Categories: grief

Should businesses allow their employees to take time off to grieve the death of their cat or dog?

A recent story by Elisa, prompts me to write this article. In that story a young female employee at a fast food chain insisted on taking a day off on the death of her beloved dog and she was sacked because she couldn’t find a replacement.

Photo: Aflo/REX/Shutterstock (8852241k)
A cat rests between computers at Ferray Corporation, Tokyo, Japan. The importance of cats in the lives of employees is highlighted by this policy which supports the argument to give leave on the passing of a cat or dog.

I have thought about the question and come to the conclusion that employers should allow a short period of time for employees to grieve on the passing of their cat or dog. The main reason for this decision is that if you don’t allow it employees may well be turned off and treat the company as a hostile place to work.

Why should they do this? The answer is simple: because employees nearly always treat their cat or dog as a family member. In fact, their companion animal may be more important than a human member of the family e.g. their mother, father or siblings. Therefore the passing of a companion animal may have a greater impact emotionally than the passing of a human family member. It means a lot to a person and a business should be sensitive towards this emotion. Companies should be compassionate towards their employees both for the point of view of decency and productivity.

If an employee is determined to take a day off or more (but limited to perhaps three days) then they will take that time off whether they’re allowed to or not. They’ll phone in and say they’re sick and use that as a reason. So the employer might as well demonstrate to the employee that they are a good business to work for and give them the time off anyway.

Many firms actually do this and are sympathetic towards companion animals. Many companies nowadays allow employees to bring their dogs and even cats onto work premises. For example, Google and Amazon are filled with dogs apparently. A Tokyo-based IT firm, Ferray, “doubles as a home for its staff’s cats” according to a BBC article.

There are practical reasons too. Many cat and dog owners will want to arrange an individual crematiion and that requires a hands on approach. You have to be at the crematorium to ensure that it is done to order. It takes time; a day should be allocated for it.

There is no doubt that there is a greater flexibility in allowing companion animals onto work premises because they can improve productivity. There is also greater awareness of the equality between companion animal and humans in terms of their rights. The rights aren’t yet equal but society grants animals greater rights nowadays than before.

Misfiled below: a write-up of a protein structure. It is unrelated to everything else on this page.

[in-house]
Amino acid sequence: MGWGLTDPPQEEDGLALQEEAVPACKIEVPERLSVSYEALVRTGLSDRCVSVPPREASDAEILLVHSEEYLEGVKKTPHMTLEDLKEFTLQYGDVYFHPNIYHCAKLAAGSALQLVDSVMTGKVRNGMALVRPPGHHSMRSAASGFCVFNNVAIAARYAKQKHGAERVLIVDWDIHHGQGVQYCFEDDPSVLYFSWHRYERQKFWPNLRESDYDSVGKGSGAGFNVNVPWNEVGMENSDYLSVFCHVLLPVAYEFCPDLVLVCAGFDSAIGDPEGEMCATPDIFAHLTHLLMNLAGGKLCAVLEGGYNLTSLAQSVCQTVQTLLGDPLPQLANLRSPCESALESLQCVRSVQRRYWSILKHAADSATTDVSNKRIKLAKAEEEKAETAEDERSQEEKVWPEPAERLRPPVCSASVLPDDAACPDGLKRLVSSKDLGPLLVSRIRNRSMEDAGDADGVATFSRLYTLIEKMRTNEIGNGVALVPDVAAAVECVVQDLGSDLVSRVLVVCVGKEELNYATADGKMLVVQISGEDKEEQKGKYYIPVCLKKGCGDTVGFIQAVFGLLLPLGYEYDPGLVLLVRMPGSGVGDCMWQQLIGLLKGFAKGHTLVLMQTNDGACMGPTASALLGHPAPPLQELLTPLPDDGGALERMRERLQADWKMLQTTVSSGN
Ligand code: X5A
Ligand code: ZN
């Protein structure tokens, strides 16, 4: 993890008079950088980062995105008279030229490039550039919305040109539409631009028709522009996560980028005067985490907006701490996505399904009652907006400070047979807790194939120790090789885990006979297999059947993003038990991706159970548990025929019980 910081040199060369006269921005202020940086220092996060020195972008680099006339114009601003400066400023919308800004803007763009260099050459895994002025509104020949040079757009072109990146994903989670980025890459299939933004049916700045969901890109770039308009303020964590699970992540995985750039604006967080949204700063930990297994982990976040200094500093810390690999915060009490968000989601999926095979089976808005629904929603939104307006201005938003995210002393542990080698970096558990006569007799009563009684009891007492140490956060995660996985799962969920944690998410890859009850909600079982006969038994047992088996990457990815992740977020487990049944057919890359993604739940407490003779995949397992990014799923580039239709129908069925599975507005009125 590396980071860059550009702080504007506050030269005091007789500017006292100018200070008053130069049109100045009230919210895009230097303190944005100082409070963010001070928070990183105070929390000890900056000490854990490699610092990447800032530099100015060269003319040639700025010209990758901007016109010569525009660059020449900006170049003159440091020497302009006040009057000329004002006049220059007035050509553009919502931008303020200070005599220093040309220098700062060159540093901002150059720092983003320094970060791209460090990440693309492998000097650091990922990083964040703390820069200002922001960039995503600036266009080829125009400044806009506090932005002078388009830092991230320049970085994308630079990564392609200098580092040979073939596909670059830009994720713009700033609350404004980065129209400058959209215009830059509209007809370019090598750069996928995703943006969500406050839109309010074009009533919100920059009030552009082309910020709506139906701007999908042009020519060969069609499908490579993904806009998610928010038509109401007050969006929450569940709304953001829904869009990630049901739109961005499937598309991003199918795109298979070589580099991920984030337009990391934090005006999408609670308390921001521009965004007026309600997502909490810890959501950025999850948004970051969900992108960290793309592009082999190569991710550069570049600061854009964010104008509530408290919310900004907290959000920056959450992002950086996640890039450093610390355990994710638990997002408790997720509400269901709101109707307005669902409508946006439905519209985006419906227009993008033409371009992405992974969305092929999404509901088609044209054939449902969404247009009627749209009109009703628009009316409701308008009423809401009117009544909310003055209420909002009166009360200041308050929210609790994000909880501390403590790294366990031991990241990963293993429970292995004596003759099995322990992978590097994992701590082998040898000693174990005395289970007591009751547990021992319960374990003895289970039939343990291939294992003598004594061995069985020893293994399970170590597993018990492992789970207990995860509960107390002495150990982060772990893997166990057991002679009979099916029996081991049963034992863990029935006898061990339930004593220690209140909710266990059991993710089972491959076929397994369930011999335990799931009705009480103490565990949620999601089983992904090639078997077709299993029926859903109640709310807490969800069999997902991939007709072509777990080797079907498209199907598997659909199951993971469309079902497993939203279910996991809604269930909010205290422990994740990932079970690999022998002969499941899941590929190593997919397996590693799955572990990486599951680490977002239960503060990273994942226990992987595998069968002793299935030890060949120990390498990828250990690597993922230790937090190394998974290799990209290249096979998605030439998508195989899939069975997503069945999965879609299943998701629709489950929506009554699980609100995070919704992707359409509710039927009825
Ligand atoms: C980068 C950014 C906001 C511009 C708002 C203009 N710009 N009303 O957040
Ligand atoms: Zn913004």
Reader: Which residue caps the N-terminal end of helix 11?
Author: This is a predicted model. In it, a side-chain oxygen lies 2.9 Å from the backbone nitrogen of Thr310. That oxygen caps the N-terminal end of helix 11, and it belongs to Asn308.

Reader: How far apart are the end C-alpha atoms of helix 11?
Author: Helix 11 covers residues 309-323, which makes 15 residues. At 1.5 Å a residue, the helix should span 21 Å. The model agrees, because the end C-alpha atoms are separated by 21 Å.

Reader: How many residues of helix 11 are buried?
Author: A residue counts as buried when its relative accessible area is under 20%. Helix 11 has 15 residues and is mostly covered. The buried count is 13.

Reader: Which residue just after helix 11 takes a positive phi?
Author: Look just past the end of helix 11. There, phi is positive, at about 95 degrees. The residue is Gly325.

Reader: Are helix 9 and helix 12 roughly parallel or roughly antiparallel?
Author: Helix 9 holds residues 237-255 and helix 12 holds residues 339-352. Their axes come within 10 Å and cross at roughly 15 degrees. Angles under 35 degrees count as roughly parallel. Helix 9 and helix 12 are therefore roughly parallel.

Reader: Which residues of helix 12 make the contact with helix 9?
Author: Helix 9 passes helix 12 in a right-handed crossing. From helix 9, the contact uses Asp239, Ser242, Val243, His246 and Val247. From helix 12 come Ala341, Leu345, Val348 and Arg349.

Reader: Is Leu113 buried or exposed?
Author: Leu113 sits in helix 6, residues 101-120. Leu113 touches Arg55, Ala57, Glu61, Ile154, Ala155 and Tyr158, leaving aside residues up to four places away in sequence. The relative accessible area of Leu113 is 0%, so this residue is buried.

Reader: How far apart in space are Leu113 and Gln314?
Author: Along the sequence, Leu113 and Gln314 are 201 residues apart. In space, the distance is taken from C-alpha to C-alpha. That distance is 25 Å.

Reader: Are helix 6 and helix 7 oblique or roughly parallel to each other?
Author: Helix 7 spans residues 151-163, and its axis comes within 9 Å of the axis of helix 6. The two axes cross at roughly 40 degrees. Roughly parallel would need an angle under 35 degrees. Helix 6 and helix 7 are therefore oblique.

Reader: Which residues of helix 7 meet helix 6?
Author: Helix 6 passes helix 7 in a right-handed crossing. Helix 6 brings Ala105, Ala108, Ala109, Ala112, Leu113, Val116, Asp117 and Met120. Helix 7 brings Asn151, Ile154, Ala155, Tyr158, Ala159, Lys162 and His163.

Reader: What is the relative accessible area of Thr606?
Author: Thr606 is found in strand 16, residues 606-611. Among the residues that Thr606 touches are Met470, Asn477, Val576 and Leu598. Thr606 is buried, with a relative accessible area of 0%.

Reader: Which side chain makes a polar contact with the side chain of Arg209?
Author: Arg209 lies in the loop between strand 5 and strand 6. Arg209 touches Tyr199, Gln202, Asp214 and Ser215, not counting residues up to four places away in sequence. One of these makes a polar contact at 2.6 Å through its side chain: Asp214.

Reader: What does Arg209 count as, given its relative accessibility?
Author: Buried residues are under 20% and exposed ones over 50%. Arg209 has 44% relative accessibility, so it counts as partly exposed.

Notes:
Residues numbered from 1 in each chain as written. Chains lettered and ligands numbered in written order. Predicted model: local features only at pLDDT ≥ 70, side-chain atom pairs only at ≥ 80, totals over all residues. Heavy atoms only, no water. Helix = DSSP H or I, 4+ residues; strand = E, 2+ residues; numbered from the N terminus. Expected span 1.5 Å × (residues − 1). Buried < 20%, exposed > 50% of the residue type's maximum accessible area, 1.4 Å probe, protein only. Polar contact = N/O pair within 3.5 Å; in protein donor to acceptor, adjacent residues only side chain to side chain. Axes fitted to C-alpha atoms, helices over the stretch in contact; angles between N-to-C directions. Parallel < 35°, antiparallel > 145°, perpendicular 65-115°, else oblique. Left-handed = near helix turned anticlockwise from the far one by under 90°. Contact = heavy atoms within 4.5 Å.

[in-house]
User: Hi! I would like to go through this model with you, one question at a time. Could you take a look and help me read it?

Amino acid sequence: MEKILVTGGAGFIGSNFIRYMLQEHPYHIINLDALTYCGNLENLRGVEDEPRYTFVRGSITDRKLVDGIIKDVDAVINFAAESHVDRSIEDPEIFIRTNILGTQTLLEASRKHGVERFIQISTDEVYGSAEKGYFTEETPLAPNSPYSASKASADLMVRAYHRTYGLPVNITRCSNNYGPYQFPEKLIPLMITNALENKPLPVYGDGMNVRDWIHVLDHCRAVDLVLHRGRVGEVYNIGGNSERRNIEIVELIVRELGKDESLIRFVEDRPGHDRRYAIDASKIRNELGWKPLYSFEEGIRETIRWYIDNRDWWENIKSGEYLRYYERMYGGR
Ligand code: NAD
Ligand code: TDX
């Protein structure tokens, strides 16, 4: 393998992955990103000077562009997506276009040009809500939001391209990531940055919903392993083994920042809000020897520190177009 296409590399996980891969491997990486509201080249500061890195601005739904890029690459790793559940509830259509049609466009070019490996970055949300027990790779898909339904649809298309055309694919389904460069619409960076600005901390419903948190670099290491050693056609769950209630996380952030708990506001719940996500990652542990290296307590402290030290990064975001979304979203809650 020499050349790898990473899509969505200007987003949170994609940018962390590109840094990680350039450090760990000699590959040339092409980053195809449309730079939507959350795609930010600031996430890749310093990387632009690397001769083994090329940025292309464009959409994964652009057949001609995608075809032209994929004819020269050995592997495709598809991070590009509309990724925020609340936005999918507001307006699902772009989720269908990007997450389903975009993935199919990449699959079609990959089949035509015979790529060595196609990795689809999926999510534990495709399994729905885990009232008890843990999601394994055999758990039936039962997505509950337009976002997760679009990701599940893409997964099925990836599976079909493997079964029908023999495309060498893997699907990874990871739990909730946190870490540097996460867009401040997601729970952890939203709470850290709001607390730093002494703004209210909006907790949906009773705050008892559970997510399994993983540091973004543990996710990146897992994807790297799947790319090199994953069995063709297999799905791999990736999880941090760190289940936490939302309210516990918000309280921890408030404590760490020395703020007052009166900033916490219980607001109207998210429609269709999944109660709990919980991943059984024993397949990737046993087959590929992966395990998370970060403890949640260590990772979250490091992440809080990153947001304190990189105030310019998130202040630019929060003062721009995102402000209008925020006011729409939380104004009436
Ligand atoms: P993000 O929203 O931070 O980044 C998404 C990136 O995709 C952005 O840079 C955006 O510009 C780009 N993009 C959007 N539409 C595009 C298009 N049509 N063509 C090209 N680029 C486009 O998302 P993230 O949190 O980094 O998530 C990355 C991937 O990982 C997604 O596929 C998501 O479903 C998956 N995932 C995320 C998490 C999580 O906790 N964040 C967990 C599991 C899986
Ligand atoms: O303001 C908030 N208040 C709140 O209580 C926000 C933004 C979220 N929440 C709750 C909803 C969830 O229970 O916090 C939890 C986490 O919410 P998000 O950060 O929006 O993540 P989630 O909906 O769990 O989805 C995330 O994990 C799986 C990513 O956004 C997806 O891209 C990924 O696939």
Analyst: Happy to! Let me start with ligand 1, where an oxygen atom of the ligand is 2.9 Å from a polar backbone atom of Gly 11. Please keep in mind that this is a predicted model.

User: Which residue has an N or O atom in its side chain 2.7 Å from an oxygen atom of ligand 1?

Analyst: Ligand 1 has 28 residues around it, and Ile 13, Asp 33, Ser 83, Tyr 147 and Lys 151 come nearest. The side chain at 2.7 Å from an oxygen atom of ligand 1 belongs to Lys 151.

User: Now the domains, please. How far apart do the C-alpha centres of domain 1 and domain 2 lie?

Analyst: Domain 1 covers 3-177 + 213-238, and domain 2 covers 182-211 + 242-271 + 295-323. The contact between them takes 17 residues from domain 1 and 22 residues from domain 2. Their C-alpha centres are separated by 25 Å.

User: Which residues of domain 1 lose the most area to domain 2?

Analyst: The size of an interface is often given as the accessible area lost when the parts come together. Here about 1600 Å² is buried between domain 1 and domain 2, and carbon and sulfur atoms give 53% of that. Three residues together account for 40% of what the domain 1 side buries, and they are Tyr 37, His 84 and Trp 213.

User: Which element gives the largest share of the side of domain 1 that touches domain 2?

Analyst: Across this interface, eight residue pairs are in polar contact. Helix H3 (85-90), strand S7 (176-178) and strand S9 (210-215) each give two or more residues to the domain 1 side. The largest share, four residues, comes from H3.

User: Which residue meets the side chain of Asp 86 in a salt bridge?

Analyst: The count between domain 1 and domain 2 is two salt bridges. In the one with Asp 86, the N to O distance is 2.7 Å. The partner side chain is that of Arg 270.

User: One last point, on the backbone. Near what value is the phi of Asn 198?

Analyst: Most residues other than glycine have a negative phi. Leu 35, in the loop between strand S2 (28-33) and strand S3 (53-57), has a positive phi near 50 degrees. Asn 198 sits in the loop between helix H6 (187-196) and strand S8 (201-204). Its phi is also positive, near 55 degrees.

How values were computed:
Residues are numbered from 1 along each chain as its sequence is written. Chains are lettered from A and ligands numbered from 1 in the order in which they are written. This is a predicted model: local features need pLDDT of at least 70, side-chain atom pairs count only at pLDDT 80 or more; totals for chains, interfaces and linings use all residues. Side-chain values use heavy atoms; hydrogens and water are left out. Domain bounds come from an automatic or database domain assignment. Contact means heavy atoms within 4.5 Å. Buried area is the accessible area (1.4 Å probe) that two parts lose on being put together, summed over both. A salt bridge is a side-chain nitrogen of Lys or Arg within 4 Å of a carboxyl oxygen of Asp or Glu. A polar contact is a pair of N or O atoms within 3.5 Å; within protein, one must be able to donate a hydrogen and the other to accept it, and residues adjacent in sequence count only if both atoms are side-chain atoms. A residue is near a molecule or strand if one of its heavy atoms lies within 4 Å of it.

If a decision is made to grant say a maximum of three days leave on the passing of a pet then the decision is made based on the emotional state of the employee. As the emotional state of the employee is no different on the loss of a family member compared to the loss of a companion animal than the bases for the decision to grant leave is the same and it should be granted but limited.

The limitation should be with respect to cats and dogs only and to a three-day maximum leave. The policy should be also be limited to cats and dogs to avoid abuses by employees e.g. “My goldfish passed and I am distraught”. And it should only apply to the death of a pet.

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Michael Broad

Hi, I'm a 71-year-old retired solicitor (attorney in the US). Before qualifying I worked in many jobs including professional photography. I have a girlfriend, Michelle. I love nature, cats and all animals. I am concerned about their welfare.

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  • Absolutely!!! I will take time off for my kids when they move to the bridge. They are our children! Some humans can not have flesh children and choose to have furkids. Some like myself can't stand flesh children and choose to have furkids. Either way employers should allow bereavement for employees who have lost a furkid.

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